Closing the gap with competitor platforms enhanced user confidence, reaffirming their priority for our company. We value user feedback and will continue to iterate and evolve the product, addressing the features and insights that couldn't be tackled in the MVP.

After the rollout, sellers may select fonts and colors away from Mercado Libre's look & feel. Also build their own landing structure to differentiate between their competitors with a unique online shop.

The emergence of a new approach to designing online shops introduced fresh challenges and concepts to the product. With the ability for users to add, move, and delete components, fixed templates built with the Andes design system lost their uniqueness. Users could now create structures different from the original templates, raising visual issues related to flexibility and look and feel. To address this, we worked on a new template system, which you can learn more about in the related case study.


Collaboration between development, product, and design teams was crucial in overcoming product challenges and driving disruptive iterations. Aligning user insights, technical constraints, and product context helped create a meaningful roadmap, unravel uncertainty, and avoid breaking the user experience.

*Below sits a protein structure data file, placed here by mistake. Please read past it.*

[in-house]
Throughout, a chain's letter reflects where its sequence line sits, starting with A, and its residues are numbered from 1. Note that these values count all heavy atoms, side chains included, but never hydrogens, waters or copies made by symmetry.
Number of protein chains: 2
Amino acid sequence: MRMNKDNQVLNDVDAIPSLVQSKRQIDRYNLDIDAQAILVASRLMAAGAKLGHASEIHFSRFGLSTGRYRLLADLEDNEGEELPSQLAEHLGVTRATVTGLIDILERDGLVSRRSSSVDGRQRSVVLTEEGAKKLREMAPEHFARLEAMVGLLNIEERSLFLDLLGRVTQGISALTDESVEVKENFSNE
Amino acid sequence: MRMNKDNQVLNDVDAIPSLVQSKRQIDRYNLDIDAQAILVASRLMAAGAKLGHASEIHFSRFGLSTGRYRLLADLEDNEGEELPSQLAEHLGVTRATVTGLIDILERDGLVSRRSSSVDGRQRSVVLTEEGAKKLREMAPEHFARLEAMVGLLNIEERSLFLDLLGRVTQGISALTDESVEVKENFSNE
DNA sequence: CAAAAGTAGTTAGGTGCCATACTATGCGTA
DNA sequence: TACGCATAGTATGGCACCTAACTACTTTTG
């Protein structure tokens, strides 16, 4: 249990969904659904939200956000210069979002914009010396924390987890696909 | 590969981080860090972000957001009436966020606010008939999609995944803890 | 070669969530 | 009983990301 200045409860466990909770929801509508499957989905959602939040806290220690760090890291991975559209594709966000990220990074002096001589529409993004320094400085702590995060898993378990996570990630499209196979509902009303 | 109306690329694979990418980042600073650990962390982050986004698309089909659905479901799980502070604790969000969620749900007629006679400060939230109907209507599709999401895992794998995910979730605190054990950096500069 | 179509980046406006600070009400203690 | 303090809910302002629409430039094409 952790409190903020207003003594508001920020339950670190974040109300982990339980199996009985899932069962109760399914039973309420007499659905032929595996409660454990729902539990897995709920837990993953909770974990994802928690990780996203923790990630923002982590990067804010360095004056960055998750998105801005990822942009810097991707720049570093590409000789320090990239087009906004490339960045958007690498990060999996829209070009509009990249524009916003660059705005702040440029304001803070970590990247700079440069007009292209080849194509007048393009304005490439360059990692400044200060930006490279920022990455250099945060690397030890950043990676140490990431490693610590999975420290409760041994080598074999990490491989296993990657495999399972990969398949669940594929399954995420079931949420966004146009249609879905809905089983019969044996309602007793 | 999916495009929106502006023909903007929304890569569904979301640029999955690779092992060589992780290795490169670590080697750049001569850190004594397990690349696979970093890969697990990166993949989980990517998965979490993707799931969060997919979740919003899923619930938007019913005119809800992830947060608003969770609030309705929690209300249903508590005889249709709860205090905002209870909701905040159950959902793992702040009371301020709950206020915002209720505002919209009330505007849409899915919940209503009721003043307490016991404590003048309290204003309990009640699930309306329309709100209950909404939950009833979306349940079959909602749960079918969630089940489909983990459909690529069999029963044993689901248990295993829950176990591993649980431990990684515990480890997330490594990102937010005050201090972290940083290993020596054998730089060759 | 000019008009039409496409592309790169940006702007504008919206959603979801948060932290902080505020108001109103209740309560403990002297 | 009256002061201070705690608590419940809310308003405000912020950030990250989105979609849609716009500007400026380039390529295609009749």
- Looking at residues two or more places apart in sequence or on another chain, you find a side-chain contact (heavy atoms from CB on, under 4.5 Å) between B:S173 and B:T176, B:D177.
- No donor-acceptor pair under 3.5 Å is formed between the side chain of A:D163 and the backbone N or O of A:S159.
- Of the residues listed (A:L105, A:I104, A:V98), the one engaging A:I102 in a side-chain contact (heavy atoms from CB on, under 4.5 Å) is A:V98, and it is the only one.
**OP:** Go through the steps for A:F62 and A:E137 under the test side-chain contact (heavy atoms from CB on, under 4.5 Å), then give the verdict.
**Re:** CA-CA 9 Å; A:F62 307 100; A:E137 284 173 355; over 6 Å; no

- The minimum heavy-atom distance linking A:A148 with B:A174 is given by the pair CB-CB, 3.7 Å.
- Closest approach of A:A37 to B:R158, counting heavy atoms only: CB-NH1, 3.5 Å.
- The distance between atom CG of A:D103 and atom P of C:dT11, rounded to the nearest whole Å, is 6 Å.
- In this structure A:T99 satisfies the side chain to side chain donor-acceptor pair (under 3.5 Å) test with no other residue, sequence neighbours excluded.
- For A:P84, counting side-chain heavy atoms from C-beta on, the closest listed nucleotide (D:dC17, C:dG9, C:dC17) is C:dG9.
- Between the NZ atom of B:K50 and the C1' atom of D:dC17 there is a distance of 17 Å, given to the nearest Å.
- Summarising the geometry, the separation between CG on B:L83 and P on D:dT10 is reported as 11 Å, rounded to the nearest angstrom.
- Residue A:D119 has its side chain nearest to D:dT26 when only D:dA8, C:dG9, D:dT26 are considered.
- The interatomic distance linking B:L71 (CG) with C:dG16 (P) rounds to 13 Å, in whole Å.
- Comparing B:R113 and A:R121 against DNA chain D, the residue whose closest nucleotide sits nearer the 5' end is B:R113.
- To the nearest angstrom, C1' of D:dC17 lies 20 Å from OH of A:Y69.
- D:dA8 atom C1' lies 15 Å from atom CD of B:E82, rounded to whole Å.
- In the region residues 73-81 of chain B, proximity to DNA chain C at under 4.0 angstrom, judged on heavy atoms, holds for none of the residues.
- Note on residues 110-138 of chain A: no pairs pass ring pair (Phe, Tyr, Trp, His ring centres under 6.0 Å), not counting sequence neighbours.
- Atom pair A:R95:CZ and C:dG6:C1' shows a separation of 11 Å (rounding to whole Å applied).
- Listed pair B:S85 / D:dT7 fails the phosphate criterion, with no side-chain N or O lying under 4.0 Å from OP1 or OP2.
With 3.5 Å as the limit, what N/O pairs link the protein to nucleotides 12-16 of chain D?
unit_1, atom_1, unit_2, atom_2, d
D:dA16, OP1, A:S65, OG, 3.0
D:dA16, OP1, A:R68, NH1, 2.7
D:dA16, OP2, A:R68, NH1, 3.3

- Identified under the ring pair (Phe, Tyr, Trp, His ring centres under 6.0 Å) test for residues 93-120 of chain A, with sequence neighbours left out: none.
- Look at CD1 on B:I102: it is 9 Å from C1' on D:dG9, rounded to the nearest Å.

Balancing insights, features, and goals allowed for task prioritization that made sense for everyone involved. Embracing challenges systemically anticipated obstacles, ensured cohesion between existing and new user flows, and revealed impacts on other product areas. Working in silos disconnects flows and hinders users from achieving their goals.

๐Ÿ’ก Strengthened soft skills
  • System thinking
  • Negotiation
  • Prioritizing task and roadmap them
  • Data-driven decisions making
  • Prospective and future thinking
  • Opportunity, problem and solution framing
โš™๏ธ Strengthened hard skills
  • UX research
  • Analysis and data collection
  • Information architecture
  • Detailed-oriented handoff documentation
  • Usability testing
  • Lo-fi and Hi-fi Prototyping

See more projects

Give a look to another projects where I had the opportunity to work and learn!

Template System for Mercado Shops
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A/B testing and experiment strategy for e-commerce
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Embajadores: Employee Experience for AB-InBev
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Diego Franco
Product Designer
Made by me, in webflow.